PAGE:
JavaScript Coding Challenge 1

March 16, 2017

JavaScript Coding Challenge 1

For a long time, JavaScript was a programming language I tried to stay away from. It’s notorious for being insecure, but maybe a lot of that is due to sloppy coding by some of the people who use it. These days, however, it’s nearly everywhere, so it’s hard to escape. When creating websites, it’s considered as essential to know as HTML and CSS. Recently, I noticed Udemy had a sale on virtually all classes, so I signed up for The Complete JavaScript Course: Build a Real-World Project. I’ve only been doing it a few days, so I’ve got a long way to go. Of the 113 lectures, some of them are called “Coding Challenges”, where the student tries to write a project based on what has been taught already.

Lecture 14 is Coding Challenge 1. The challenge is a simple game between two players. Each player takes their height in centimeters and adds it to five times their age, and the winner is the one with the highest number. To make the game a bit more complex, a third player later joins the game. The code below is my solution.

// simple game
// highest value of height (in cm) and five times age wins

var playerOneHeight = 180;
var playerOneAge    = 26;
var playerTwoHeight = 190;
var playerTwoAge    = 22;

var p1Score = playerOneHeight + playerOneAge * 5;
var p2Score = playerTwoHeight + playerTwoAge * 5;

/*
if (p1Score > p2Score) {
    console.log('Player One wins');
} else if (p1Score < p2Score) {
    console.log('Player Two wins');
} else {
    console.log('Players One and Two are tied');
}
*/

// make it more complex
var playerThreeHeight   = 176;
var playerThreeAge      = 54;

var p3Score    = playerThreeHeight + playerThreeAge * 5;

if (p1Score > p2Score && p1Score > p3Score) {
    alert('Player 1 wins!');
} else if (p2Score > p1Score && p2Score > p3Score) {
    alert('Player 2 wins!');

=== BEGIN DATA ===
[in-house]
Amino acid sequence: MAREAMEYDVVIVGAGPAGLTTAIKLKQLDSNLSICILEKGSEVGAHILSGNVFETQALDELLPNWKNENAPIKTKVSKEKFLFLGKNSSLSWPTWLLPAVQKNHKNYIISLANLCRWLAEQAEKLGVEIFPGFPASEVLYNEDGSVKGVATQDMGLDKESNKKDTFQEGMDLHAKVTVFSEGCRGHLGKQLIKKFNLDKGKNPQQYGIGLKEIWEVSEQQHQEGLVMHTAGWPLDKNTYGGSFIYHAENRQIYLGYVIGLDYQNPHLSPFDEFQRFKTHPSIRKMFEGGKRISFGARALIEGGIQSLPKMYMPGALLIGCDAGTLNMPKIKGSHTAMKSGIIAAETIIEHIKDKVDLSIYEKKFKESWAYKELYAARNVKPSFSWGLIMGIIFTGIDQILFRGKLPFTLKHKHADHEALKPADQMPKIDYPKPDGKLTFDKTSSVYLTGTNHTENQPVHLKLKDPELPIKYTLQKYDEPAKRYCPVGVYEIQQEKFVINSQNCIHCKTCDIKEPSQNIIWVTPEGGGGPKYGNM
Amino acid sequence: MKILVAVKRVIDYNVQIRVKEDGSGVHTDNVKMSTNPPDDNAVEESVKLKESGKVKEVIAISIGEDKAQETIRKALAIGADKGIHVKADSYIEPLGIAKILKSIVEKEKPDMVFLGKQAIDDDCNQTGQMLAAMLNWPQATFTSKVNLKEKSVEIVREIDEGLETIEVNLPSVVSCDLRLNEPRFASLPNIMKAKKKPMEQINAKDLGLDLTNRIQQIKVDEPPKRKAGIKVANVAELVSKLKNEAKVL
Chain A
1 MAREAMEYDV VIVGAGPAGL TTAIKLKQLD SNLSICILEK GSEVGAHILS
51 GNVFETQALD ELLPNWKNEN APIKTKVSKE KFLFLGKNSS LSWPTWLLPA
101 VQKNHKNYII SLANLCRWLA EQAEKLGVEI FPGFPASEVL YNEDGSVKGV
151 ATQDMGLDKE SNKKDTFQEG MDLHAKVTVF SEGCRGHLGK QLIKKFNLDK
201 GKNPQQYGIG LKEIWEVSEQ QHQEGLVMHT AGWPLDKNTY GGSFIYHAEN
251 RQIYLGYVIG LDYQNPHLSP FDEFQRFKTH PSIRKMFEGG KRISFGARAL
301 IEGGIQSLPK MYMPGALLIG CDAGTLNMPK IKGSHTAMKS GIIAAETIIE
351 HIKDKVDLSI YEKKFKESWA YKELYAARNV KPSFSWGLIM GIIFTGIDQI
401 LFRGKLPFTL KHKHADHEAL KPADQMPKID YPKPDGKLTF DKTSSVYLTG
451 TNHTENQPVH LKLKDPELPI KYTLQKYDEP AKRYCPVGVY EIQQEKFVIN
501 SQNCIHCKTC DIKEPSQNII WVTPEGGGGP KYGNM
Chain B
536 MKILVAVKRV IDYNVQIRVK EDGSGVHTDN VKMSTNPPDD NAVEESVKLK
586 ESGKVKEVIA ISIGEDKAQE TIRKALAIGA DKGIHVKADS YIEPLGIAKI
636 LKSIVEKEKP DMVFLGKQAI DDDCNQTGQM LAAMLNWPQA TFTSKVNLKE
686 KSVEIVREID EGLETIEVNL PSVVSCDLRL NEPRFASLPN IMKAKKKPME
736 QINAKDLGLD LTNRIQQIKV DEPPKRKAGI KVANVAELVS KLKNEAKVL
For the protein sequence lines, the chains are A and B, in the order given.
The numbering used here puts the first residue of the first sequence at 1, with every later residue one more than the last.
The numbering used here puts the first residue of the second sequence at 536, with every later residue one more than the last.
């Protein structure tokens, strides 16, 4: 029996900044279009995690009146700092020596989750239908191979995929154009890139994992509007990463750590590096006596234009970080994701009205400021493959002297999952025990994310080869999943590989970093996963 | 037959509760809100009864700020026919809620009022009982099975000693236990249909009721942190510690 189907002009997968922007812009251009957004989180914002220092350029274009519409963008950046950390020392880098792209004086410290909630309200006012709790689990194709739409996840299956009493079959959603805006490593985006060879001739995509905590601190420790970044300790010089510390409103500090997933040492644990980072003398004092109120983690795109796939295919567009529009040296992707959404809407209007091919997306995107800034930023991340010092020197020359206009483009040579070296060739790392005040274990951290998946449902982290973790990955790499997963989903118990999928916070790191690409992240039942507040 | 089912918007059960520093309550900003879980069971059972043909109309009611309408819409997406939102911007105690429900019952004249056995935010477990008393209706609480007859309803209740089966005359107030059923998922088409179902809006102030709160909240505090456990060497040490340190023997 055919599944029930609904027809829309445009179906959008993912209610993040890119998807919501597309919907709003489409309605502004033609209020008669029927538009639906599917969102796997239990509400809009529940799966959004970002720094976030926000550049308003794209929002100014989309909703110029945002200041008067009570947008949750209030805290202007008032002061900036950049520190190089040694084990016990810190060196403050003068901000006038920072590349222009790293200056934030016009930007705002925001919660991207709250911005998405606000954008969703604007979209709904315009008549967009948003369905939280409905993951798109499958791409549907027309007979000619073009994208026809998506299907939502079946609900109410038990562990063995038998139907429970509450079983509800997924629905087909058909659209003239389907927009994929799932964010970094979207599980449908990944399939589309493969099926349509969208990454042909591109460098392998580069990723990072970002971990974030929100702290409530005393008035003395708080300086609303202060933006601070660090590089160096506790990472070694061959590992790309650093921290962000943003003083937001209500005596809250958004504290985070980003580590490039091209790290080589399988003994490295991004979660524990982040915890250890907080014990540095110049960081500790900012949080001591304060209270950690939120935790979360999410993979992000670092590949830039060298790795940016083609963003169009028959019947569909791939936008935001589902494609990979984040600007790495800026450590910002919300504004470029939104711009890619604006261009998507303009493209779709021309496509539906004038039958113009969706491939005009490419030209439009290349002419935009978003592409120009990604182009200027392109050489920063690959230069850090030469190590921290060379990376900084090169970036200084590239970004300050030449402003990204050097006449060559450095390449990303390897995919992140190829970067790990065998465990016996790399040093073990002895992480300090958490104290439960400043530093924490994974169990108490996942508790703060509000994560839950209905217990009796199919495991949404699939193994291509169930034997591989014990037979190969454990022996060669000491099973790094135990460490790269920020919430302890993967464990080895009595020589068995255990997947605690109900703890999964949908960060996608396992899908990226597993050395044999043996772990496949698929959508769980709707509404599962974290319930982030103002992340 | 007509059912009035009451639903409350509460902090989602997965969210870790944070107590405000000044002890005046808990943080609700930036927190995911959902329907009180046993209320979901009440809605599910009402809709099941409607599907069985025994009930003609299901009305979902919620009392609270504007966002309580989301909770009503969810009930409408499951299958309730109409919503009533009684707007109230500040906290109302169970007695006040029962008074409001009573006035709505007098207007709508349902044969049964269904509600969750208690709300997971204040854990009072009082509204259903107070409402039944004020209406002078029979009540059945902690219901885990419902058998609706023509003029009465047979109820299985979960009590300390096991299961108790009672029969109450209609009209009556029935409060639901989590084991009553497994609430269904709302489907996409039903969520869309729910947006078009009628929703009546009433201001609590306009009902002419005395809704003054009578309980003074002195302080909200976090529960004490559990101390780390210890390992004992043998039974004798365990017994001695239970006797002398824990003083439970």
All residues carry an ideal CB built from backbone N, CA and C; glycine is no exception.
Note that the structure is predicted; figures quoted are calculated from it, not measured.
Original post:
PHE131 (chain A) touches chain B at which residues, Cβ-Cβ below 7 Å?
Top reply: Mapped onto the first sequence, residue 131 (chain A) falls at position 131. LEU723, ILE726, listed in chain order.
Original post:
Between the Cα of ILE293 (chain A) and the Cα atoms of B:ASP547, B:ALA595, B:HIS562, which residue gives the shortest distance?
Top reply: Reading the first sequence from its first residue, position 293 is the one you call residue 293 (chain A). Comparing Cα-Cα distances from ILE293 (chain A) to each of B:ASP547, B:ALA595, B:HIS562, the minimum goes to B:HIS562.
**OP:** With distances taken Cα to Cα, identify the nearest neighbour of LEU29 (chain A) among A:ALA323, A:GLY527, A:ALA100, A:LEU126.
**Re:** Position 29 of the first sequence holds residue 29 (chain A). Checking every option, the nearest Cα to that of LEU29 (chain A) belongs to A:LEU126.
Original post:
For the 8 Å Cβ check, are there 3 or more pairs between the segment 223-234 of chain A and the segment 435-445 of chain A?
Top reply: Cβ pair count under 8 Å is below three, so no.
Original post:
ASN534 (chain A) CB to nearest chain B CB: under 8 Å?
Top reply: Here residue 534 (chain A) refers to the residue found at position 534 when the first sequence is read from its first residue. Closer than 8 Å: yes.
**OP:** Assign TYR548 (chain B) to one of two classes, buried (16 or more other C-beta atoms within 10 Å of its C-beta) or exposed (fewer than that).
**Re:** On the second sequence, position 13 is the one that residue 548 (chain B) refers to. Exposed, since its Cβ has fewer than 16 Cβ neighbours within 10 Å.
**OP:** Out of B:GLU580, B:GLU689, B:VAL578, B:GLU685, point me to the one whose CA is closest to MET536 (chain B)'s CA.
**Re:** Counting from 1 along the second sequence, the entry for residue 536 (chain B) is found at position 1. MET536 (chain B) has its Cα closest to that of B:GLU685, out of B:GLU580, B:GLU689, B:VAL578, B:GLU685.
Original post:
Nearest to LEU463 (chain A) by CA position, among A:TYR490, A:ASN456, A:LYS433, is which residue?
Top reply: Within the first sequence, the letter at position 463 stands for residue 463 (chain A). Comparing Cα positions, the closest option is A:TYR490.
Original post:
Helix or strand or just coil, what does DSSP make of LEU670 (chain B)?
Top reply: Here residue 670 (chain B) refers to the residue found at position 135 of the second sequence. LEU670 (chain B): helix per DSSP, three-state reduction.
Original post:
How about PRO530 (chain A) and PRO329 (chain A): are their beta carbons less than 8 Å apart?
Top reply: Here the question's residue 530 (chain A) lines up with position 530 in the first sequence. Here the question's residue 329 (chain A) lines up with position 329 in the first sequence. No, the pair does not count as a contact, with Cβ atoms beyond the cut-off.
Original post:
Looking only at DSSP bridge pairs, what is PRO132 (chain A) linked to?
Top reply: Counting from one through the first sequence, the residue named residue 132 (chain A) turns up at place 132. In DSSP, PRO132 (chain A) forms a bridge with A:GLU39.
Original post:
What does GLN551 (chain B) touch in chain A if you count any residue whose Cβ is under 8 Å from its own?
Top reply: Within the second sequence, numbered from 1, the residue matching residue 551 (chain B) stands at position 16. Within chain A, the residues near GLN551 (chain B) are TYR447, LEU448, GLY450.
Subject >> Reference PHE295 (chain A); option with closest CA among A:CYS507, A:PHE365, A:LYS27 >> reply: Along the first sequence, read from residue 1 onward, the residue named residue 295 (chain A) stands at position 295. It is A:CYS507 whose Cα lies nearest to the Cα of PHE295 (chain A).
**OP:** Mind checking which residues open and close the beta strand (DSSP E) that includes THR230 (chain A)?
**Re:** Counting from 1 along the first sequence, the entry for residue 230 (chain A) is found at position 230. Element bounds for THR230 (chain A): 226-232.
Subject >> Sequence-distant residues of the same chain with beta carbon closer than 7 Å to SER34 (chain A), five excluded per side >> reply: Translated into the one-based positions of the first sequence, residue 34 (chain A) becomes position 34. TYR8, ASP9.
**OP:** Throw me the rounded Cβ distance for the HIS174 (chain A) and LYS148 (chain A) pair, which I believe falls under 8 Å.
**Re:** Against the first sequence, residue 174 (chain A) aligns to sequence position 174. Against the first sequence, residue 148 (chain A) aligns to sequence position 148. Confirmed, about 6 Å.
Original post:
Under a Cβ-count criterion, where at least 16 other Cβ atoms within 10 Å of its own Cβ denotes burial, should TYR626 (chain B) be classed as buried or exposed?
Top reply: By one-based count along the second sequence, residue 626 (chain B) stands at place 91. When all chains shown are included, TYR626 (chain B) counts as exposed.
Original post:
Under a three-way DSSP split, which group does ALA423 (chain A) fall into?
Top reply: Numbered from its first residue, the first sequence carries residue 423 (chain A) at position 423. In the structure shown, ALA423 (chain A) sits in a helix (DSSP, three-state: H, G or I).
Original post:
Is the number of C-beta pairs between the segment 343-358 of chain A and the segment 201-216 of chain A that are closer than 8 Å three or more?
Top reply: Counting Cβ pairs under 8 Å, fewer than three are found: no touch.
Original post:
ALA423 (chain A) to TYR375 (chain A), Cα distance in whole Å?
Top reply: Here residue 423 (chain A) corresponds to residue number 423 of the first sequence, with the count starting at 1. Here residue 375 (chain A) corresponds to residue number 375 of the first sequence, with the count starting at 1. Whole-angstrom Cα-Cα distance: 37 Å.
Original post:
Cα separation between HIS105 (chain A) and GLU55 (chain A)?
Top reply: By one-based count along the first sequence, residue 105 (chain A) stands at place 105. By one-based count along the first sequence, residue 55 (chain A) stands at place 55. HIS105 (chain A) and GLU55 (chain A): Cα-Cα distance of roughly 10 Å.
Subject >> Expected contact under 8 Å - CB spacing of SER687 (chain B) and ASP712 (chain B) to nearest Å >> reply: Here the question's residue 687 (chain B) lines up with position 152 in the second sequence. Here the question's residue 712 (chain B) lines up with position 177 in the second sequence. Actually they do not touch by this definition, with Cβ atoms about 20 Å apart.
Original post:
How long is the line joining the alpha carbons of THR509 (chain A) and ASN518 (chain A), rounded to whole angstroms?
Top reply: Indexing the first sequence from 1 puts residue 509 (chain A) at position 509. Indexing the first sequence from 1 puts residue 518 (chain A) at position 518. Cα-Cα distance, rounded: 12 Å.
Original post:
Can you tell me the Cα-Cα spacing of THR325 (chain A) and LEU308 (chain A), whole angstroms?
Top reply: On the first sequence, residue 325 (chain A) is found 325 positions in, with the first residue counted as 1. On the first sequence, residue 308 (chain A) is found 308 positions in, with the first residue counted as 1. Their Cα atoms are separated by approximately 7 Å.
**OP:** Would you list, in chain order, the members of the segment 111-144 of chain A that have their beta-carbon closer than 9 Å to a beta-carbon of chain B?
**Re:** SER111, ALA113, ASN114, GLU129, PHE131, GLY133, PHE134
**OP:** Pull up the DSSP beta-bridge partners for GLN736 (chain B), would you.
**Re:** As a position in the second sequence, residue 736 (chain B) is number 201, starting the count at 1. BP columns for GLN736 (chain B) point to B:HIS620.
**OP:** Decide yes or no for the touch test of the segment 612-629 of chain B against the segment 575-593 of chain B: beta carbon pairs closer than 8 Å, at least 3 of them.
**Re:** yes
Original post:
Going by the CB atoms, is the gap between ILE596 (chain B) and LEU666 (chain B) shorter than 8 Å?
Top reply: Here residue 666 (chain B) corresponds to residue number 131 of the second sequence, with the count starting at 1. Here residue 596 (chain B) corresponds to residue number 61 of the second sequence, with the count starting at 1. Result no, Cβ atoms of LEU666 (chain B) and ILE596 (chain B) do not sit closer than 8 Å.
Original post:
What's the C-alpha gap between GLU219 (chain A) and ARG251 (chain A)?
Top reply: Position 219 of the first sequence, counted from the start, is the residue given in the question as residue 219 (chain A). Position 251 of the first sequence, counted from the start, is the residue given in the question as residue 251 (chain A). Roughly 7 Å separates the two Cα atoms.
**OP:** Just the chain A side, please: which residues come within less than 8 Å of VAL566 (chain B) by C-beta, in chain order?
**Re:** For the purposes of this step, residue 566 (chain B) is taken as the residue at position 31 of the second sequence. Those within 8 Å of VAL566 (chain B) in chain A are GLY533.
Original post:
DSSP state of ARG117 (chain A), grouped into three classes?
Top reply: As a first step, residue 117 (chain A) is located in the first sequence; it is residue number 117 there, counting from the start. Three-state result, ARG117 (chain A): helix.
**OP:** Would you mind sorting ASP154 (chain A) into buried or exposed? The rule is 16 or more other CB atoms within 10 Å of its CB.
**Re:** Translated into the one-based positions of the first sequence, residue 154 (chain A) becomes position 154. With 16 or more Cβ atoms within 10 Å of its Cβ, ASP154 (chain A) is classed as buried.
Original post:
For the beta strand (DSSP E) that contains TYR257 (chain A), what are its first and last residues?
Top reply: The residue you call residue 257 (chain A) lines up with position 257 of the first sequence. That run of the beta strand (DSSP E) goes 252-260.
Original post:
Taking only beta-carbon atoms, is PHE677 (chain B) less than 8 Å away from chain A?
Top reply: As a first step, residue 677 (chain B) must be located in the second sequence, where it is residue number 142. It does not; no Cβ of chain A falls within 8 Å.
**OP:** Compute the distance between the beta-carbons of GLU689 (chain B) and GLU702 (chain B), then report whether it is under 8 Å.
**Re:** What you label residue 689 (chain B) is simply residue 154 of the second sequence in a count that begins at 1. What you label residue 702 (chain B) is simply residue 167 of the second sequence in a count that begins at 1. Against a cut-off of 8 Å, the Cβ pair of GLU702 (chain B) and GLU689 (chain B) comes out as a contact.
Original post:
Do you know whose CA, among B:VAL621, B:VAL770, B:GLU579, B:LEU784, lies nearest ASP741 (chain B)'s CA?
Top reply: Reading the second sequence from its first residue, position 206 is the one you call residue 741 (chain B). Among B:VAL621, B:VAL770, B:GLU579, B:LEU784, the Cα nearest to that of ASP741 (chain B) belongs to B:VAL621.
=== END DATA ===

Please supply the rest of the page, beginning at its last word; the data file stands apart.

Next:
} else if (p3Score > p1Score && p3Score > p2Score) {
    alert('Player 3 wins!');
} else if (p1Score === p2Score && p1Score > p3Score) {
    alert('Players 1 and 2 have tied!');
} else if (p1Score === p3Score && p1Score > p2Score) {
    alert('Players 1 and 3 have tied!');
} else if (p2Score === p3Score && p2Score > p1Score) {
    alert('Players 2 and 3 have tied!');
} else {
    alert('All players have tied');
}
    
 console.log('Player 1: ' + p1Score + ' Player 2: ' + p2Score + ' Player 3: ' + p3Score);

I’ll post more of the coding challenges later.

Music and the Lollipop Lock Screen

June 15, 2015

Music and the Lollipop Lock Screen

After the battery started giving me trouble in my THL T6 Pro, I broke down and bought a slightly more upscale smartphone – an ASUS Zenfone 2. Both phones are about the same height and width, though the ASUS seems to be a bit thicker. One of the main differences in the phones is that the THL used KitKat (Android v. 4.4.x) and the ASUS uses Lollipop (Android v. 5.x). Anytime I get a new piece of technology, it takes awhile to figure it out and get it to work the way I want it to. I don’t plan on everything working right out-of-the-box.

Because it’s a good security practice, and because my employer requires it, I always set my mobile devices to require a PIN or password at the lock screen. This isn’t much of an issue, unless I’m listening to music. When I’m walking to or from work, I like to listen to music. The music app is set to shuffle, but it sometimes lands on a song that I don’t feel like listening to. With Android KitKat, I was able to go to the lock screen and fast-forward to another song, but I wasn’t to do this in Android Lollipop. Trying to figure it out, it looks like I’m not the only one with this problem.

Although I tried some of the online suggestions, they didn’t work for me. All of the suggestions I read had the same instructions: go to Settings -> Sound & Notification -> When device is locked -> Show all notification content. I did this but my lock screen was still only showing the time, the temp, and the number pad for the PIN.

To fix it, after doing the step above, I went into Settings -> Lock screen -> Skip the slide page -> Off. The Slide page is where the music widget shows up. Try it out.

Go to Music and start a song, then press the power button on the device to turn the screen off. Press the power button again to get the lock screen. Your song should still be playing, and you should be see the music widget, plus whatever other notifications you have enabled. If you want to unlock the device, you can swipe up from the bottom.

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